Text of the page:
Four months later 36 female prisoners from the Pulaski State Prison in Hawkinsville, GA, began working, unpaid, at the recycling plant 8 hours/ day, 5 days/ week, sorting recyclables from garbage trucked in from dozens of nearby towns and counties.
State law prohibits prisoners' taking the place of paid employees and allows prisoners to work only for state, county or local governments. That law was circumvented with some tricky bookkeeping: Although the recycling plant is operated by the Atlanta-based Environmental Technologies Group (ETG), a private, profit making business, its workers' wages are paid by the Crisp County Solid Waste Management Authority, a government entity.
Chip Wells, board Chairman of the Crisp County Solid Waste Management Authority told the Atlanta Journal- Constitution that ETG, the private contractor, has complete control over who is hired, fired or promoted. When asked if the county paid workers directly in order to get around the legal prohibition against prisoners replacing free workers, Wells said, "I believe so."
The scheme to use convict labor was quietly hatched in February at an Atlanta meeting attended by Authority representatives, Lt. Governor Mark Taylor, a state senator Rooney Bowen (D) and state prison officials. Taylor later claimed to know little about the plan.
"It was just another constituent request," Taylor told the Journal- Constitution, "and I passed it on to the department of corrections."
The authority reimburses the DOC about $122,000 a year for the guards' salaries and the expense of transporting the 36 prison slaves to and from the work site. If those 36 workers were paid $5.20/hour, their annual wages would total nearly $390,000 and the cost to the employer (with employer contributions to social security, workers' comp, and other payroll deductions) would approach half a million dollars annually.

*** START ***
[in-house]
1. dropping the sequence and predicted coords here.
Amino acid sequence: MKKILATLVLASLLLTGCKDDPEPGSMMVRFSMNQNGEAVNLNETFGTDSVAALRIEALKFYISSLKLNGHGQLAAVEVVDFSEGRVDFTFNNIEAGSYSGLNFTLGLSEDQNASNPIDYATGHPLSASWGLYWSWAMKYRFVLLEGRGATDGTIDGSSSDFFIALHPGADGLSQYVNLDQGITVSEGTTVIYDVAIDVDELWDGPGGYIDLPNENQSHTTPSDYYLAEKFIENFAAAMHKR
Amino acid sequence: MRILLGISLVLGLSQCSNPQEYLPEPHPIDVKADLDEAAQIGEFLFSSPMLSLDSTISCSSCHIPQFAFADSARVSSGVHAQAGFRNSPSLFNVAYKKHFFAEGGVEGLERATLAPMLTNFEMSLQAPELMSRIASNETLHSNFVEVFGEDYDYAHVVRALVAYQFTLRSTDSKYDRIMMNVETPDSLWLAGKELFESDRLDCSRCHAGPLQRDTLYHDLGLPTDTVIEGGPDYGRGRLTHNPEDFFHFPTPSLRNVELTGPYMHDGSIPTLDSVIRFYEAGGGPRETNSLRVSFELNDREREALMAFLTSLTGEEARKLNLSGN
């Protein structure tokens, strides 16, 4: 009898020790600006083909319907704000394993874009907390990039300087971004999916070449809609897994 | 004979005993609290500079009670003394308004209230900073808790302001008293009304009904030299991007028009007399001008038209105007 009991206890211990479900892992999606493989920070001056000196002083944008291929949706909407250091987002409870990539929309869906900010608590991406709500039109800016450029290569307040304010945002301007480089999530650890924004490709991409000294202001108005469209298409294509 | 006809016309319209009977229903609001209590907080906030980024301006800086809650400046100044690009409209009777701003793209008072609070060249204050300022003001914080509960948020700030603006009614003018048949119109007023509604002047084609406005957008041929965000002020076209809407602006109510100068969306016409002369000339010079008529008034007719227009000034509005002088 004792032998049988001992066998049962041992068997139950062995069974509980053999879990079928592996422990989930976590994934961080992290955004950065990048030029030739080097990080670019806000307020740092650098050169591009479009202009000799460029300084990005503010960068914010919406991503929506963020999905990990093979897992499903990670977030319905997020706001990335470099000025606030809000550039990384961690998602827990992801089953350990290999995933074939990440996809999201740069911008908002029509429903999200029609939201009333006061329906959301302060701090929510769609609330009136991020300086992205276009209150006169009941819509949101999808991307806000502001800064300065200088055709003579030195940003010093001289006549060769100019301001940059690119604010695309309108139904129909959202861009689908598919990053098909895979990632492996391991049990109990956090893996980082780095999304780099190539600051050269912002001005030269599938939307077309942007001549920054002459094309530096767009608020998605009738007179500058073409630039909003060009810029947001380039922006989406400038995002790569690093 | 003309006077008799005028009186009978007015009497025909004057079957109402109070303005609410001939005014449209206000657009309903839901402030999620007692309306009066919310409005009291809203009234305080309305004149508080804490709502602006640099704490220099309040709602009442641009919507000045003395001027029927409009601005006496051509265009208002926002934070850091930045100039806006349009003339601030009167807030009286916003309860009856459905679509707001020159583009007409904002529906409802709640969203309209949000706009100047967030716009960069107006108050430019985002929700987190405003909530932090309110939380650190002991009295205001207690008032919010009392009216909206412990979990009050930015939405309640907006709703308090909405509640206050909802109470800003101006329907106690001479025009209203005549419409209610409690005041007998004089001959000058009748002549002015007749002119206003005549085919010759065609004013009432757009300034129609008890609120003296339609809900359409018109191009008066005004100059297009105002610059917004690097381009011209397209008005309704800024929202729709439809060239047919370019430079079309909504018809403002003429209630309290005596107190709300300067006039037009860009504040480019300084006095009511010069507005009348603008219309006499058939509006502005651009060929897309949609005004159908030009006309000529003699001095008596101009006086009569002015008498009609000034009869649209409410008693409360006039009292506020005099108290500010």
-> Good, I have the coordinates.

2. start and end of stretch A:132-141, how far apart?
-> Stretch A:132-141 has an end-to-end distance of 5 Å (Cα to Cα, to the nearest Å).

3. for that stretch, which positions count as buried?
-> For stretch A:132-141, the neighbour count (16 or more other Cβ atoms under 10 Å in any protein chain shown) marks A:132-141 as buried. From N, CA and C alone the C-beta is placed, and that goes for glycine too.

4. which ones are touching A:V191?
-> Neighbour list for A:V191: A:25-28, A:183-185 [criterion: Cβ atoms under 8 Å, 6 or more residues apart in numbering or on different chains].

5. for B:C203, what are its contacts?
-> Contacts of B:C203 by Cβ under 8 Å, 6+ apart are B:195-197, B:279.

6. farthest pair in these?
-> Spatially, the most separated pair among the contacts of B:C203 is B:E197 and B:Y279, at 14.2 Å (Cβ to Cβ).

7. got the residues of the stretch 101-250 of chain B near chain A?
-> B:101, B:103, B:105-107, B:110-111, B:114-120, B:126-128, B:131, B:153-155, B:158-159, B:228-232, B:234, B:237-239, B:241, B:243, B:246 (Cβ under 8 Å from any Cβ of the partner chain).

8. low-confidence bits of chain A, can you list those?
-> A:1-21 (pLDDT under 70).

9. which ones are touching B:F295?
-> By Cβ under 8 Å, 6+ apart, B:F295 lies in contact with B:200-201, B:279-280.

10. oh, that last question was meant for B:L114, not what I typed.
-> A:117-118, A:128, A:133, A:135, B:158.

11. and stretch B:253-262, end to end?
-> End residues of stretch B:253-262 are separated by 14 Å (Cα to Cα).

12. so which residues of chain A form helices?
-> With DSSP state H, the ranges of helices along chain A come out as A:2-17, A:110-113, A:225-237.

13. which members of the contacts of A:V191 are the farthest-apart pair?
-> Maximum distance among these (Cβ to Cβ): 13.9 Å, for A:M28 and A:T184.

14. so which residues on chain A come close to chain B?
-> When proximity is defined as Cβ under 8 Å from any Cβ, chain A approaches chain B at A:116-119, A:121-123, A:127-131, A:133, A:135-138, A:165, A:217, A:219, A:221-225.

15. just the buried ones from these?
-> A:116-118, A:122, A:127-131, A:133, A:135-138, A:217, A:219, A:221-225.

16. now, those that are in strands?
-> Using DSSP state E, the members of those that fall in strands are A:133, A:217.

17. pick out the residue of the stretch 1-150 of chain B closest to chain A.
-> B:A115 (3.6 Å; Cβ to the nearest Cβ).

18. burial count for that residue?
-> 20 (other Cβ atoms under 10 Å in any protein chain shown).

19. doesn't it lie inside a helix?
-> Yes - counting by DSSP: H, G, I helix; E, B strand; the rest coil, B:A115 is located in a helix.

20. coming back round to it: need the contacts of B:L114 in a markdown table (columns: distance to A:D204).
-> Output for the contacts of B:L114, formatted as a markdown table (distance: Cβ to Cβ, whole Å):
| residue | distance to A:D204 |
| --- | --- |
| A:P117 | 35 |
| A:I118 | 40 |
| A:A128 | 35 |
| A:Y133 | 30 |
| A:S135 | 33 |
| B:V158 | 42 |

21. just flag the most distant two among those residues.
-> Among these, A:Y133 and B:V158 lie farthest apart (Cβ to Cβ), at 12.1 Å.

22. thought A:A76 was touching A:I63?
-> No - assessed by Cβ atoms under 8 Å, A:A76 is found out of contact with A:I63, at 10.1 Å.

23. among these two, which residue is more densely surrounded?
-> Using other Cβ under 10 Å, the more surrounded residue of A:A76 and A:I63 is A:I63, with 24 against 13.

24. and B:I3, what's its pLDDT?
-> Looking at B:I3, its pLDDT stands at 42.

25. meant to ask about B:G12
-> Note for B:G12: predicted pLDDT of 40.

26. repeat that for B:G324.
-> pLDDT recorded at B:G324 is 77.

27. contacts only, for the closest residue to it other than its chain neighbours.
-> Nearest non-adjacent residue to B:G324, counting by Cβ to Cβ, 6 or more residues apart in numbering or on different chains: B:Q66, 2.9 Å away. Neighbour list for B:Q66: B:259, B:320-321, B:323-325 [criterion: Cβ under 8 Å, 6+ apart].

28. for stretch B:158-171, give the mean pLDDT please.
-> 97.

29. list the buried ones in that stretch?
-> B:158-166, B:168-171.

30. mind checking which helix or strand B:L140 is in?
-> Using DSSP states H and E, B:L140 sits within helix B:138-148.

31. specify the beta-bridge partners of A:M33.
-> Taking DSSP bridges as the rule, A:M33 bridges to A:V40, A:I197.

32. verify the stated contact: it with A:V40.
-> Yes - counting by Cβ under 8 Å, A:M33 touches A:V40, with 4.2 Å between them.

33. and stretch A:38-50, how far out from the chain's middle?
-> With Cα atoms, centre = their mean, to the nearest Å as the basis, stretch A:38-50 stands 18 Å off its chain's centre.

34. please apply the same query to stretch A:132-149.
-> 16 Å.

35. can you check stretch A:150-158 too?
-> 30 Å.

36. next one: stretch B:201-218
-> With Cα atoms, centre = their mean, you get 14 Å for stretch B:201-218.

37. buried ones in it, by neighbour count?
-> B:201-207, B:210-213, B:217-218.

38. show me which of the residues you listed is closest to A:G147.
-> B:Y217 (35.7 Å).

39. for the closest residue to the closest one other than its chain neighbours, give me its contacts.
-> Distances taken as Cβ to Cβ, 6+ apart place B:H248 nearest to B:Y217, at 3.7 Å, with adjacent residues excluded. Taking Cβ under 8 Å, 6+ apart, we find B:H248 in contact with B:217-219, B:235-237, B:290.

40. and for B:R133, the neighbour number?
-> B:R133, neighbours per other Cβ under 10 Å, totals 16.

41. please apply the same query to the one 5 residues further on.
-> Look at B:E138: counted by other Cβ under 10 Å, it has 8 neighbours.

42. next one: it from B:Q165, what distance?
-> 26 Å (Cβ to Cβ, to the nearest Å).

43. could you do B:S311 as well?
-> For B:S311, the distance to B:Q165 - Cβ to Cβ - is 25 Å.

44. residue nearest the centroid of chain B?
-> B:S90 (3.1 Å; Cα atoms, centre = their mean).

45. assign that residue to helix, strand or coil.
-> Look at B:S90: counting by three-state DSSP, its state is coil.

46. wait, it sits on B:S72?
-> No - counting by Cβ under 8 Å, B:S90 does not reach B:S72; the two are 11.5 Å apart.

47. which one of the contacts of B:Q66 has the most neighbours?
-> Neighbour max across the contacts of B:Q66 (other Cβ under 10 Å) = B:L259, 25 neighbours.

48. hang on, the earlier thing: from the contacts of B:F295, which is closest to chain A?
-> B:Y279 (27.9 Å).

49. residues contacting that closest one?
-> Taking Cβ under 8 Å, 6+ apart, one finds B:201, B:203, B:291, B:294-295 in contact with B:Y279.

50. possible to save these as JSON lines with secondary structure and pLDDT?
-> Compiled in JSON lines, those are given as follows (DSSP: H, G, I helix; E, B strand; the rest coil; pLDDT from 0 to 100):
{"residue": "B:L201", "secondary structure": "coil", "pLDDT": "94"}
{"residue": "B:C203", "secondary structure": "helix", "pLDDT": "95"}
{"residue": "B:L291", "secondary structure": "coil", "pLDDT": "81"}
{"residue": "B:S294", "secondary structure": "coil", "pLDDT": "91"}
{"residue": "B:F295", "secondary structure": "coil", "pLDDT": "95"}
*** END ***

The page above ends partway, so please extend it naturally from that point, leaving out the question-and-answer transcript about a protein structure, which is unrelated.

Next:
DOC attorney Bill Amideo said his agency was told "the layoffs have nothing to do with four months later acquiring inmate labor .... These are merely work details, like the guys that mow the lawn for the Humane Society or clean up beside the highway."
Wells told the Journal- Constitution that the combination of prison labor and a paid workforce of 130-160 ensures that the facility will not have to close. The prison slave labor helps put the facility "a little bit closer to being profitable. Once this facility breaks even ... I would expect we will not be keeping those inmates."
"They are really exploiting the inmates as cheap labor until they get back on their feet," said Tim Mellon of the Prison & Jail Project, a feisty advocacy group that struggles for the rights of Georgia's poor and its prisoners. "The aspect that makes it even worse is here are people... who need jobs and their jobs were taken away. What they are doing is wrong."
Striking a Blow against Slave Labor
On July 28, 1999, the Georgia attorney general ruled that the 36 women prisoners forced by the DOC to pick through garbage at the for-profit Crisp County recycling center were working under a contract that "clearly runs afoul" of a Georgia law that prohibit using convict labor for a profit.
The July/August 1999 issue of Freedomways, a newsletter of the Prison & Jail Project, reported that Georgia Attorney General Thurbert Baker ruled that the Crisp County Solid Waste Management Authority and its private operator, Environmental Technologies Group, were illegally making money off of unpaid prison labor.
The AG's ruling came after the Prison & Jail Project, the Crisp County Watchdog Group, and the Southern Center for Human Rights presented a letter to the AG's office with irrefutable evidence that the recycling plant was operating in violation of state law.
Atlanta Journal Constitution, Freedomways [PO Box 6749, Americus, GA 31709]
As a digital subscriber to Prison Legal News, you can access full text and downloads for this and other premium content.
Already a subscriber? Login